I am looking into whether the melting of ice (or any substance for that matter) at constant pressure and temperature is reversible or irreversible. Different sources say different things, and it may well depend on specific conditions. But is it generally said that melting is reversible or irreversible?
It's irreversible. The reason can be easily understood when you look the molecular properties of water
The presence of a charge on each of these atoms gives each water molecule a net dipole moment. Electrical attraction between water molecules due to this dipole pulls individual molecules closer together, making it more difficult to separate the molecules and therefore raising the boiling point. This attraction is known as hydrogen bonding. The molecules of water are constantly moving in relation to each other, and the hydrogen bonds are continually breaking and reforming at timescales faster than 200 femtoseconds. However, this bond is sufficiently strong to create many of the peculiar properties of water, such as those that make it integral to life.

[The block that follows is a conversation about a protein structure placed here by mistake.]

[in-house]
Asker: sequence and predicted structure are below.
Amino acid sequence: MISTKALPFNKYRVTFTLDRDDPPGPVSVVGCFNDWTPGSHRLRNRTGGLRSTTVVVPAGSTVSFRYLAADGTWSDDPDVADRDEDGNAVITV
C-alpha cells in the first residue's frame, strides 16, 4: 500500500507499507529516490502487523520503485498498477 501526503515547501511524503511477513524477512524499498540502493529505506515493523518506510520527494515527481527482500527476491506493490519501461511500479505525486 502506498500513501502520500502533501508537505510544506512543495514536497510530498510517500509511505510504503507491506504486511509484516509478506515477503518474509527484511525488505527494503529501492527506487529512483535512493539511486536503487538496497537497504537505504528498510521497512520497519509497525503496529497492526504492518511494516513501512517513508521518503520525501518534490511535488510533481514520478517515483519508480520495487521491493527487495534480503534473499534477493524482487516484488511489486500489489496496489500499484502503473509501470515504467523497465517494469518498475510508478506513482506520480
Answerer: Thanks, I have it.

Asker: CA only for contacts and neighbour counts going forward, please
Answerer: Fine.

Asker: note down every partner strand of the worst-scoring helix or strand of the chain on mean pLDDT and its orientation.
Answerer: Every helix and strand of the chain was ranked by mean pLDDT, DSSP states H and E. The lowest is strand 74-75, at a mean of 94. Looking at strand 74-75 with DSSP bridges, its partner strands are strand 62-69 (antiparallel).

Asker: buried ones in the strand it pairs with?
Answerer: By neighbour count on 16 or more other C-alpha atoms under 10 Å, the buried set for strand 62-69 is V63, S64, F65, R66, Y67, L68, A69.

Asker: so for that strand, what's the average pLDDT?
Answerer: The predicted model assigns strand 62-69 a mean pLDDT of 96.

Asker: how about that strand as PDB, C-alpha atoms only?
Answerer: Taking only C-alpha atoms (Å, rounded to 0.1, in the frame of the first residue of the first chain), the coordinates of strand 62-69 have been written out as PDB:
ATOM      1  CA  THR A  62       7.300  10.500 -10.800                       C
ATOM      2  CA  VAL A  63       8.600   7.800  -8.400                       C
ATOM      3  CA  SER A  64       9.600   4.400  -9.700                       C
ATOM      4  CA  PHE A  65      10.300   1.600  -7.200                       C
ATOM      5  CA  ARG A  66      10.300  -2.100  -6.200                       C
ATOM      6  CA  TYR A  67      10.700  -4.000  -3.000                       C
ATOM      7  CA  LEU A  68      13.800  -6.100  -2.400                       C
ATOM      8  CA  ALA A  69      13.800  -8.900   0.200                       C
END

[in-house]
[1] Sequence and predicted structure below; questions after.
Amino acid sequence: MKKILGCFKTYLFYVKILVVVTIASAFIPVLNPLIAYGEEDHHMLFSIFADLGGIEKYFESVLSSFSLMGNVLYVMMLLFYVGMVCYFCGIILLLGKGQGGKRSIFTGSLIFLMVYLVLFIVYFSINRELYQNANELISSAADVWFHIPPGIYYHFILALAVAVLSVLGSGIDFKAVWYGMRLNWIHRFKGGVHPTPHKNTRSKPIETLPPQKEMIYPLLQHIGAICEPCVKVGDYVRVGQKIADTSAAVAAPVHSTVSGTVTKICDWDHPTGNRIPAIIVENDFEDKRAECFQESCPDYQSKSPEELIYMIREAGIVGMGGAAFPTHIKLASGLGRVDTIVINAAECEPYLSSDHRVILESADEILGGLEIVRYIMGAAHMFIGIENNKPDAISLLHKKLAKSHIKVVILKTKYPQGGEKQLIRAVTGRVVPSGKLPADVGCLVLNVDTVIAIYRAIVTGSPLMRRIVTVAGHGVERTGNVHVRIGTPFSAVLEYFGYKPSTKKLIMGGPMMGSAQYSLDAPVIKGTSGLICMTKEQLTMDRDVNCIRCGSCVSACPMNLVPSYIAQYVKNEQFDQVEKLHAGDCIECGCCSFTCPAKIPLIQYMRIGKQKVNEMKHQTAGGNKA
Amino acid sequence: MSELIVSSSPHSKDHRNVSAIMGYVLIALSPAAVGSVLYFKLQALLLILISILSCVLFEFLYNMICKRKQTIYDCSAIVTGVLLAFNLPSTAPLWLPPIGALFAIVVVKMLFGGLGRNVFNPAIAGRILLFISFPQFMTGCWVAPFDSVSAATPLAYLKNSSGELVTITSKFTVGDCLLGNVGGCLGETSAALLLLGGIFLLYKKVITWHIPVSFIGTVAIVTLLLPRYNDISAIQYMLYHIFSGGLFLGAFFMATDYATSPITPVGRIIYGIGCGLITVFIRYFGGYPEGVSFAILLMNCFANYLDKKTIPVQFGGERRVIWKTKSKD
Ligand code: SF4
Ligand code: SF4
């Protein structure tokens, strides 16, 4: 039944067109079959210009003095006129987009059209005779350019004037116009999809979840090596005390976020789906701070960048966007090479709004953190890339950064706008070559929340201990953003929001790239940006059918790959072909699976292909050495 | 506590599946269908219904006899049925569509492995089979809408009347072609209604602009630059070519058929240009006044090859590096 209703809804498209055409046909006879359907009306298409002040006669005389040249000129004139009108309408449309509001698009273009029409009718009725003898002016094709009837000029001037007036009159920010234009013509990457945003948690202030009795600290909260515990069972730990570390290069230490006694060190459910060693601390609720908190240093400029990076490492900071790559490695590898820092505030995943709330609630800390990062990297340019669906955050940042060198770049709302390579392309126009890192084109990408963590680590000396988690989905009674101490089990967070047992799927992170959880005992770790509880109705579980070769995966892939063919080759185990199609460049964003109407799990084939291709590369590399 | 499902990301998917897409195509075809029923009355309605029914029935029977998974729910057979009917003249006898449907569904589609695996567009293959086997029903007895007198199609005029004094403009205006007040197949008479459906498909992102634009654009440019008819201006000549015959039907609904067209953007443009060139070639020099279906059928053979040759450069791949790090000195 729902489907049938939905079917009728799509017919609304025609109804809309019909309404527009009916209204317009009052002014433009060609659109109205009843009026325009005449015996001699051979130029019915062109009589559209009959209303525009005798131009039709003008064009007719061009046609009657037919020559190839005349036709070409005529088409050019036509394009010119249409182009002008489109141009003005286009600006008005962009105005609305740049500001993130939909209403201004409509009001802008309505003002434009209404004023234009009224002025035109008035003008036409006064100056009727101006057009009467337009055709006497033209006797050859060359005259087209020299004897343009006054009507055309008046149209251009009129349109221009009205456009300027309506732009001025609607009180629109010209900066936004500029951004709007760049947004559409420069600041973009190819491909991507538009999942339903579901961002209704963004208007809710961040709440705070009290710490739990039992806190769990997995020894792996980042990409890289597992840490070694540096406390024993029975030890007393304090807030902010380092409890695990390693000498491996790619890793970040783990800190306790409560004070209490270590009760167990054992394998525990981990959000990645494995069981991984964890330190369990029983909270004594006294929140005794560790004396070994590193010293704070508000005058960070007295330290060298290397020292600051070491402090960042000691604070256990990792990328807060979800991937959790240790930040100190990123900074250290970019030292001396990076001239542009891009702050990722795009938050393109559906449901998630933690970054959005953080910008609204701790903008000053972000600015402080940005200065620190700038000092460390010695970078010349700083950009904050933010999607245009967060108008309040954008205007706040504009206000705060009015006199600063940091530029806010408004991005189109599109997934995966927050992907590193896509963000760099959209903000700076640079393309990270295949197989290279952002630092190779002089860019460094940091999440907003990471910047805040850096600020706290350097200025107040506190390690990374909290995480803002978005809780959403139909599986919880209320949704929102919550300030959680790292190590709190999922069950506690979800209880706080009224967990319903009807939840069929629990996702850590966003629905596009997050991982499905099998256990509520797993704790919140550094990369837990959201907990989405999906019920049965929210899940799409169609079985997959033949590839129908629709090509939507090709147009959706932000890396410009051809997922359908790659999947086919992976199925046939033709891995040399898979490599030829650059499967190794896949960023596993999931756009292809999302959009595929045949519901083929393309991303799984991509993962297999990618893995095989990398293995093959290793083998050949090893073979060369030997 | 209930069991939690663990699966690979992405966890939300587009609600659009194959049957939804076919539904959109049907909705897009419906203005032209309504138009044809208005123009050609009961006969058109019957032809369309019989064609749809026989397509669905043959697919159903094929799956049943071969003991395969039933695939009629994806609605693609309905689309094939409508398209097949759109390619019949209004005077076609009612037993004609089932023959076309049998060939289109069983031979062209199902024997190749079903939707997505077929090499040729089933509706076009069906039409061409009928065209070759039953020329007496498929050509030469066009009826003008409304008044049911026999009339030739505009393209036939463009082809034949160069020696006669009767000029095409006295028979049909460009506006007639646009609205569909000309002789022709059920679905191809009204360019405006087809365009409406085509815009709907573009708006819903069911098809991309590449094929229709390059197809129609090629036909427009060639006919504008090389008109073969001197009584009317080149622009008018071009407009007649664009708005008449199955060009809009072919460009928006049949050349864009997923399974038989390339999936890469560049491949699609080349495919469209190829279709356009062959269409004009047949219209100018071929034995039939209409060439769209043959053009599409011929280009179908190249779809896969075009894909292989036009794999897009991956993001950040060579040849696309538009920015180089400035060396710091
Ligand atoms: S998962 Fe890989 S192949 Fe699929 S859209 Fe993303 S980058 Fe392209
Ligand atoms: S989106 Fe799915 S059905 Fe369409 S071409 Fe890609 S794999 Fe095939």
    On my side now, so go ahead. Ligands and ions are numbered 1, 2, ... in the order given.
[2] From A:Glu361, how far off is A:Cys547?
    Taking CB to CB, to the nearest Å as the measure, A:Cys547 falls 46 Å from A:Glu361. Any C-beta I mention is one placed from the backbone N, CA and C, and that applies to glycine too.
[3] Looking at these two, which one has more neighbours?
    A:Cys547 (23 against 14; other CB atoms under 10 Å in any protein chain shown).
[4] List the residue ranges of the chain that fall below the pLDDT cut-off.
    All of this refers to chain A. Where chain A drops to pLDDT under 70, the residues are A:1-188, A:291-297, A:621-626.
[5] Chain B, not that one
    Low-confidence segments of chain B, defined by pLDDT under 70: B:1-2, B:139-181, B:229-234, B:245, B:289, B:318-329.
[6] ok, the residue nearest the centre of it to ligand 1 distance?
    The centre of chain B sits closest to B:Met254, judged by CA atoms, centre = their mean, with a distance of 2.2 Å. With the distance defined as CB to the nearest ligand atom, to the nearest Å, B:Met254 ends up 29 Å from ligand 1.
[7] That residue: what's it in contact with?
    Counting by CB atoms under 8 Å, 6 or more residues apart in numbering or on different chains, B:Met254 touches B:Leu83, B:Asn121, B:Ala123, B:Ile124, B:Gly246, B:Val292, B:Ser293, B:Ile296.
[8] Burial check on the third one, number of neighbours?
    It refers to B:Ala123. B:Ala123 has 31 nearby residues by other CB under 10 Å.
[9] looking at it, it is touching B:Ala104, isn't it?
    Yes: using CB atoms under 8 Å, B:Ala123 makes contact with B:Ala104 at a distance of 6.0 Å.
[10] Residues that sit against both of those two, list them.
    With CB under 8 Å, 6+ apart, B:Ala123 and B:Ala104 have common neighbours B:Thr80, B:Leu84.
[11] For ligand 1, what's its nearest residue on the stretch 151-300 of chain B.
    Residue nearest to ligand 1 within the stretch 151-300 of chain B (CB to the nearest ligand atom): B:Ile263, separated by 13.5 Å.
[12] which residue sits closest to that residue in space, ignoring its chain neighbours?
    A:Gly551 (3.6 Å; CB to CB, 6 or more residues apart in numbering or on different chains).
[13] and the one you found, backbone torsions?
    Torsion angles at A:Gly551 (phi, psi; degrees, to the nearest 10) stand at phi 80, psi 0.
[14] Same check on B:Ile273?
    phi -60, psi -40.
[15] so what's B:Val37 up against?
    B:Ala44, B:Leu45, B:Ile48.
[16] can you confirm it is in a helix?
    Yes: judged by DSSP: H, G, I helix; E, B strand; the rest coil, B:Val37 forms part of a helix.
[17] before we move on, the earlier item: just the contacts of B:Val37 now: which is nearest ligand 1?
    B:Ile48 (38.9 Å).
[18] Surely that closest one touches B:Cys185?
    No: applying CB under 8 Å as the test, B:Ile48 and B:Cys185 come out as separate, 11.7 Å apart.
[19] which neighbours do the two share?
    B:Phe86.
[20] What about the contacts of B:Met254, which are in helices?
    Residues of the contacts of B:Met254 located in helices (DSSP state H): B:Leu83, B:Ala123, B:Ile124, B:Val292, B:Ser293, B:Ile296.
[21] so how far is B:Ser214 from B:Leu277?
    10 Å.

This hydrogen bonds are mixing the water, and are the reason for the lower volume of fluid compared to ice.
If you have absolute pure water, it will melt in 0 degrees in normal pressure, but you might need to cool it down to -48 degrees celcius to make it solid again. The reason is the ice lattice structure, which needs more volume than the water.
Ofcourse everything is sort of Reversible; it depend's only from definitions. But here I mean with irreversibilty that the we expect the same atom's to take the exact same positions they had before; -this is impossible. As they are not even on same molecules, they were before.
protected by ACuriousMind♦ Nov 28 '17 at 8:46
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